Relative describes Biloxi house where 21-month-old died
A toddler who accidentally hanged himself between a couch and a wall while his caretakers slept had cigarette burns on the soles of his feet and several bite marks and bruises, court testimony shows.
Although the autopsy on 21-month-old Rowan Cannette has not been completed, hair follicle tests on two other children who were living in the home show they had ingested meth, county prosecuting attorney Herman Cox said.
“Meth got into their blood streams, and the expert who performed the test said the only way that can happen is through ingestion, not by being present when meth is smoked,” Cox said.
The two children, evaluated after the toddler was found trapped behind a couch, also had signs of ongoing abuse, and both had ear and sinus infections that were not being treated, he said.
“I don’t know what the parents were thinking,” Cox said.
“All the evidence of different types of abuse shows these parents knowingly allowed the continuing physical abuse of their children. It’s just disgusting.”
Thomas Cannette and Cassandra Lopresto had been locking the children in a bedroom for about three months to keep the kids from getting out while the parents slept, according to Cannette’s testimony against his attorney’s advice on Wednesday.
They used a hook-and-eye latch on the outside of the door to keep the children in their bedroom.
But that didn’t happen on Dec. 3, when Cannette admittedly assumed a man staying at the house was watching the kids, Cox said.
Cannette, an unemployed parolee with an address registered in Gautier, was living on Lamey Bridge Road near Biloxi at the home of his girlfriend, Cassandra Lopresto. Rowan, Cannette’s son, and his 3-year-old son lived there along with Lopresto’s 3-year-old daughter.
A relative was staying at Lopresto’s home, and sometimes his girlfriend stayed as well.
Friends and family know the couple by their nicknames of TC and Cassie.
What deputies say happened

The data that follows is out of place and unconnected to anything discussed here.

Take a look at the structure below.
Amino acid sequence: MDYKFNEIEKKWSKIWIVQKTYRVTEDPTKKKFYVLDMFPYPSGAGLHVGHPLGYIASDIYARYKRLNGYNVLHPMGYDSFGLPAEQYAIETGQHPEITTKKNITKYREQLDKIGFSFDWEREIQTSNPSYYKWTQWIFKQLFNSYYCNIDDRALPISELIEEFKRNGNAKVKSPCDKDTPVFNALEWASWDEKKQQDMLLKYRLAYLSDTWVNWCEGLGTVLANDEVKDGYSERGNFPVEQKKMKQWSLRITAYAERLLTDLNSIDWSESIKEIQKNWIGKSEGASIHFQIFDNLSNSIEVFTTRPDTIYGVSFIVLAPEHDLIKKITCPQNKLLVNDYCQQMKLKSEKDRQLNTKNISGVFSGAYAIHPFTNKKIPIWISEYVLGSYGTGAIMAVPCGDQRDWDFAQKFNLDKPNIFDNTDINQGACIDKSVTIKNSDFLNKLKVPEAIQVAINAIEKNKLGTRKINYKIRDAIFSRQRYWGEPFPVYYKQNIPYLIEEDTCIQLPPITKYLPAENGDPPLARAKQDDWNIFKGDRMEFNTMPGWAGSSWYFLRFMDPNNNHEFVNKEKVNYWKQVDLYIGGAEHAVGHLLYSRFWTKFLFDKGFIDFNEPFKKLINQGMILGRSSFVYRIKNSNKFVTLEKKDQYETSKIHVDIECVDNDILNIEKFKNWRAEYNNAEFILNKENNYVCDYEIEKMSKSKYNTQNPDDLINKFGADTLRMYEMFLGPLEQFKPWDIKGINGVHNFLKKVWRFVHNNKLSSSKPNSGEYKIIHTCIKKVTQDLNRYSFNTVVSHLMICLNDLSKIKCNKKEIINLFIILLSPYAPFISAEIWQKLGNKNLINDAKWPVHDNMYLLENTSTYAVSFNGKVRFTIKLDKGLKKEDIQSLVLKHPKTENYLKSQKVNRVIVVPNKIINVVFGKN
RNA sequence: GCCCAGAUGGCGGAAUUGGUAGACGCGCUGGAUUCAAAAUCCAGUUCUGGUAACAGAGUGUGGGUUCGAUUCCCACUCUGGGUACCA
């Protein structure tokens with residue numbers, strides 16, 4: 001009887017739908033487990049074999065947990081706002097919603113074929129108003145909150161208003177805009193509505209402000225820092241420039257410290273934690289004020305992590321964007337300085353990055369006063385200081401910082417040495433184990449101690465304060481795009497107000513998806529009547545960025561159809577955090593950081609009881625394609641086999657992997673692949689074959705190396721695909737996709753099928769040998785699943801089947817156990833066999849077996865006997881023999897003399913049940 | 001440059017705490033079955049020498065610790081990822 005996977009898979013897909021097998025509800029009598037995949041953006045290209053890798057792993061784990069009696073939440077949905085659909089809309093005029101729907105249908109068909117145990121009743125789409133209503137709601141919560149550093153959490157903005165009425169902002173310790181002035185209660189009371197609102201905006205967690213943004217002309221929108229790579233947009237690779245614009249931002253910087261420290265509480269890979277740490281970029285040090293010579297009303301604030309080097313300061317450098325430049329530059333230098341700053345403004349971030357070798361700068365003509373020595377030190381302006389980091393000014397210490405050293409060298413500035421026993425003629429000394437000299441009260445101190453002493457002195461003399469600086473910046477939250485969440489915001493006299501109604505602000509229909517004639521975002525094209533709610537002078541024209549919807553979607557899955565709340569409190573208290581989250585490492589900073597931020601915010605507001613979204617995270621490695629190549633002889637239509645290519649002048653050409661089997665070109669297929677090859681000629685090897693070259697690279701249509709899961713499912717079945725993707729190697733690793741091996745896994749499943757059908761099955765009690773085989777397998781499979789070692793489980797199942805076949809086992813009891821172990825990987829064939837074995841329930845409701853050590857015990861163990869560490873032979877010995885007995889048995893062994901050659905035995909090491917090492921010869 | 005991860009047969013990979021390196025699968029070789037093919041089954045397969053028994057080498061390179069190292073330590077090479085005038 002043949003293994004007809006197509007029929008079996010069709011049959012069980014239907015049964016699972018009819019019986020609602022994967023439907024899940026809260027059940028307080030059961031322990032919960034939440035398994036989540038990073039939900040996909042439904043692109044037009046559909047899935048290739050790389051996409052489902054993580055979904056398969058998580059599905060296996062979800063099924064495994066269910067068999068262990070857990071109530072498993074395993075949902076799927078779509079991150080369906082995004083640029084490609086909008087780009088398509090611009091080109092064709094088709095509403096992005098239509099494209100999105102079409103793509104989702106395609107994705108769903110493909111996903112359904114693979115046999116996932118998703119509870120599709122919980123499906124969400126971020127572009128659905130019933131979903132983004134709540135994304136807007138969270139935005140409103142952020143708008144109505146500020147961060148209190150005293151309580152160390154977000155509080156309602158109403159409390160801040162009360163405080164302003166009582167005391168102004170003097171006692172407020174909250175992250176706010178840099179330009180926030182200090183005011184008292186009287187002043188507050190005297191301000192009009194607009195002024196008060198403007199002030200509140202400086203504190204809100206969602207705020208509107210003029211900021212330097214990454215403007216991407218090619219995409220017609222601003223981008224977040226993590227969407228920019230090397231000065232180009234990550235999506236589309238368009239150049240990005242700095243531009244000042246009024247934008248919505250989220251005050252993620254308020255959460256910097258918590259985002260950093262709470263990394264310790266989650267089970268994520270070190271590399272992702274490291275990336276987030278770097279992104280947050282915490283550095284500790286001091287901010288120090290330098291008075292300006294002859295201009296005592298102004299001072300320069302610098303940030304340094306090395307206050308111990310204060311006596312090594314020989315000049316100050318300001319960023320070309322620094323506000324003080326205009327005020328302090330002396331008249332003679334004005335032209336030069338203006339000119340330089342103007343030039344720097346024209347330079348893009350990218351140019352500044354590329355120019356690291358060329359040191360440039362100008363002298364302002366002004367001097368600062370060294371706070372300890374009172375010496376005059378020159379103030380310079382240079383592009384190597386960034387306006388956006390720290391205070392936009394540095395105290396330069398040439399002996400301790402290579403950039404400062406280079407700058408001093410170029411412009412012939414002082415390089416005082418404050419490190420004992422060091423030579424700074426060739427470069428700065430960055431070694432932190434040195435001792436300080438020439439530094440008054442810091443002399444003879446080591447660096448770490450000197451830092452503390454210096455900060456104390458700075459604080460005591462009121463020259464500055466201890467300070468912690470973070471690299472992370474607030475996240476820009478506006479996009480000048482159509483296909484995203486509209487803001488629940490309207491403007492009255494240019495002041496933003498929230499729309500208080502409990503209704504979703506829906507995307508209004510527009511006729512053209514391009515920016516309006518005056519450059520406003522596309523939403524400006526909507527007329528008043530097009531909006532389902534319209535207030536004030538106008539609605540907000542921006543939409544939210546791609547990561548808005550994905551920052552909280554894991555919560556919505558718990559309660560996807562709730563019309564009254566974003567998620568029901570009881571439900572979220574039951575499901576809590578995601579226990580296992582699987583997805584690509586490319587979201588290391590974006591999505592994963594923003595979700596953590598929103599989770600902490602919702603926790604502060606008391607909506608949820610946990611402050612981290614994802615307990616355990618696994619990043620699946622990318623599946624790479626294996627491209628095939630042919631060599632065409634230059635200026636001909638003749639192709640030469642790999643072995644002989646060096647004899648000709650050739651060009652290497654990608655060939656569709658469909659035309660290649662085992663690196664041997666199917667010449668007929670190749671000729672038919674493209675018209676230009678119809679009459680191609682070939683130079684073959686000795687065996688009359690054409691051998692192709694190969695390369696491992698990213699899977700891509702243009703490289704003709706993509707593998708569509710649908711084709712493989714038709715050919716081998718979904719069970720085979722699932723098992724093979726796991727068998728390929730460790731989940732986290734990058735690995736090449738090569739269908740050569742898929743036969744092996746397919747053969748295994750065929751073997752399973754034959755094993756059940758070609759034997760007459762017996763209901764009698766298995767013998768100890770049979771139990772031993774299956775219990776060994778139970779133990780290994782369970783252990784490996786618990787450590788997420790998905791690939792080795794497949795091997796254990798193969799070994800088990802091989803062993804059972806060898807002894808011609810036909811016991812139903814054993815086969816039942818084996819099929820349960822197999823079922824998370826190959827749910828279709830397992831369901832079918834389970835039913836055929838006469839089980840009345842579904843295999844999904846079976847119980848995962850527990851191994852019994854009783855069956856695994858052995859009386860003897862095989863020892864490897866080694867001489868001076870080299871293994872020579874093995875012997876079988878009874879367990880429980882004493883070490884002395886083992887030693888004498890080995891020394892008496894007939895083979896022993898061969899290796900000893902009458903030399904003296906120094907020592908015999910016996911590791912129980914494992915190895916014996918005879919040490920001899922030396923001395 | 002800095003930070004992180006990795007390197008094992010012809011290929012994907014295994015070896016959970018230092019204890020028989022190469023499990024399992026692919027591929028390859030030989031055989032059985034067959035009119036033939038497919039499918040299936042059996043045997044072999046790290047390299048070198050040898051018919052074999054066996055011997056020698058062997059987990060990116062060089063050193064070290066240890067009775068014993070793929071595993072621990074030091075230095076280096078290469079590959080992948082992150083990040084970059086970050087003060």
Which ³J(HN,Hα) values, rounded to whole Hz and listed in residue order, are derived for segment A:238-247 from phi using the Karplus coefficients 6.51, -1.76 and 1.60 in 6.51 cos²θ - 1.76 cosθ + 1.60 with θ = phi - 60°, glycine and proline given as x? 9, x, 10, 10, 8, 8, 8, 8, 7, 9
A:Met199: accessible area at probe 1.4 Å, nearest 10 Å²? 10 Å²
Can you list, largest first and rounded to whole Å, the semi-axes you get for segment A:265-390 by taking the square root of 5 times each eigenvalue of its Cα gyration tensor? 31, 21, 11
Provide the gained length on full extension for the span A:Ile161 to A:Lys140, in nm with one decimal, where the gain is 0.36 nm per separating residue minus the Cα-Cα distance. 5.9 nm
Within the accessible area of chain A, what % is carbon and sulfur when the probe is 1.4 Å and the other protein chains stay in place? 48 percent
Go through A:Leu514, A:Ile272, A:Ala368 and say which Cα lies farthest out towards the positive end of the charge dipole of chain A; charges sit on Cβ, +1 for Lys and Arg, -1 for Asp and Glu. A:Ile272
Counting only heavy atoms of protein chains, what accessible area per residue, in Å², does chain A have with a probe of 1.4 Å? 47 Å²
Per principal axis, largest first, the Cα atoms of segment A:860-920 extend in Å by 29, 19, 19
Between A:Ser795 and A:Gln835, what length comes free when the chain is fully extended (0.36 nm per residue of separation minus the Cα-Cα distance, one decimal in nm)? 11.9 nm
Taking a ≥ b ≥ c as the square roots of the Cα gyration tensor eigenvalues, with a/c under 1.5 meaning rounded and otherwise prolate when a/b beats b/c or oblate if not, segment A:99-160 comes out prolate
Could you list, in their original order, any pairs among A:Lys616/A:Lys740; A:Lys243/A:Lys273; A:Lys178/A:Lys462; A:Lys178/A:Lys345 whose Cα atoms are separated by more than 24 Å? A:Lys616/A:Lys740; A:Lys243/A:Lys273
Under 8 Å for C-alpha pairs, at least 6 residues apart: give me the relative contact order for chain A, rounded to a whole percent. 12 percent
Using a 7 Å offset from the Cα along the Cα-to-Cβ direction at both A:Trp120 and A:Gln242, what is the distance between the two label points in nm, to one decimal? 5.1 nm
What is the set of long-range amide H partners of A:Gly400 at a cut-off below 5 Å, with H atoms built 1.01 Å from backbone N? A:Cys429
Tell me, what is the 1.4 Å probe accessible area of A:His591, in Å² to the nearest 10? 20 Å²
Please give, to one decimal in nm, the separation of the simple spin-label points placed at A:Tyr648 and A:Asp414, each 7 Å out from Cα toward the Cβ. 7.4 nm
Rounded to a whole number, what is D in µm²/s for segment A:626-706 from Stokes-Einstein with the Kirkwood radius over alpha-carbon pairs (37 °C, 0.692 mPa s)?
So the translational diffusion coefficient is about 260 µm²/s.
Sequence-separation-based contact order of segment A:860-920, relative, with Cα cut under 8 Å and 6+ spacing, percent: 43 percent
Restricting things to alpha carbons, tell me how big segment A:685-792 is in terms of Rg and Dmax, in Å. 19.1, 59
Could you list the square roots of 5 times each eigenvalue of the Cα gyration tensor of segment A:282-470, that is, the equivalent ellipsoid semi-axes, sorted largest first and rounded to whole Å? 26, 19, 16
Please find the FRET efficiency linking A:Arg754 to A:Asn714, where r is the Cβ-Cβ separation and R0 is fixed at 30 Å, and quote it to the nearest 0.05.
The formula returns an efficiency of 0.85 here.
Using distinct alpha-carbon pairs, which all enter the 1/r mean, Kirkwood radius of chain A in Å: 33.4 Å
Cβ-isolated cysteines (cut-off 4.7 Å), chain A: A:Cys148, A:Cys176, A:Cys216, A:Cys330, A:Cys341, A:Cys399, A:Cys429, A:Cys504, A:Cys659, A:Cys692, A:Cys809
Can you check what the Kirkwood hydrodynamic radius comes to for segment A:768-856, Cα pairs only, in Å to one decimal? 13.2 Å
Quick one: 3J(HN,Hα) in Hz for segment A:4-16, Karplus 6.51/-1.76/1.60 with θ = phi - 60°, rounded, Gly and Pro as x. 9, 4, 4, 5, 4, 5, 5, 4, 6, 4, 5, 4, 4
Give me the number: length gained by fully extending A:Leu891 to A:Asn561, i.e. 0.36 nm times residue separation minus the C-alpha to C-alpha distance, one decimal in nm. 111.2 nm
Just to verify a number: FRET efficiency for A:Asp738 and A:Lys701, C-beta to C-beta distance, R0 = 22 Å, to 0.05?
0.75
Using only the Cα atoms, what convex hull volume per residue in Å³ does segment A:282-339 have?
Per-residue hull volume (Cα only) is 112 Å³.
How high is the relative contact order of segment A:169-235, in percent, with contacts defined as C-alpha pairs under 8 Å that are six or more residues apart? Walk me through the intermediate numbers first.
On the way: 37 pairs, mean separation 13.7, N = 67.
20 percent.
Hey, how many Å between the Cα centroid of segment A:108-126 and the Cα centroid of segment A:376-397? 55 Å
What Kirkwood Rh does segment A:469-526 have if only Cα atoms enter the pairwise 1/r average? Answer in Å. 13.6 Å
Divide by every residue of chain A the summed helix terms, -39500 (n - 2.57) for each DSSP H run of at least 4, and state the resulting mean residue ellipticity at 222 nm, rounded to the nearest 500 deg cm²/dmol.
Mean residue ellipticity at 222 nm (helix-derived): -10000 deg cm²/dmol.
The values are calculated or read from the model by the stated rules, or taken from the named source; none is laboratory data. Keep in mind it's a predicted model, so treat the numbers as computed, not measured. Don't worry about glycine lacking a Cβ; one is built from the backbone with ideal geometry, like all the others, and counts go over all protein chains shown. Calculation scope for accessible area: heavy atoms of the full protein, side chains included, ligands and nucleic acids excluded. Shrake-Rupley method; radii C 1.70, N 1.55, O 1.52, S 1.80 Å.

Here is what interviews, reports and testimony show happened the day Rowan died, according to Cox.
Lopresto, a waitress working a night shift, had arrived home between 6:30 a.m. and 7 a.m., and went to bed along with Cannette.
The boys had been with Cannette’s mother, who brought them home about 10 a.m.
Cannette spoke with his mother but didn’t get up, Cox said.
The man who was staying there had left the house with his girlfriend and they later returned. They were outside when they heard Cannette screaming for help.
Cannette and Lopresto had woken up and asked the 3-year-olds where Rowan was. They couldn’t find him, and then they saw him trapped behind the sofa. His face was resting on the back of the sofa and the rest of his body was stuck between the sofa and a wall.
Cannette retrieved his son and laid him on the floor, and the man staying at the house started trying to perform CPR. The man’s girlfriend called 911 about 2:45 p.m. and followed a dispatcher’s instructions on performing chest compressions. Rowan was taken to Merit Health hospital, where he was pronounced dead.
A doctor’s exam revealed Rowan had cigarette burns on the soles of his feet, three to four child-sized bite marks on his face, left arm and left thigh and bruises on his face and back.
The burns were at various signs of healing, indicating they didn’t happen at the same time, Cox said.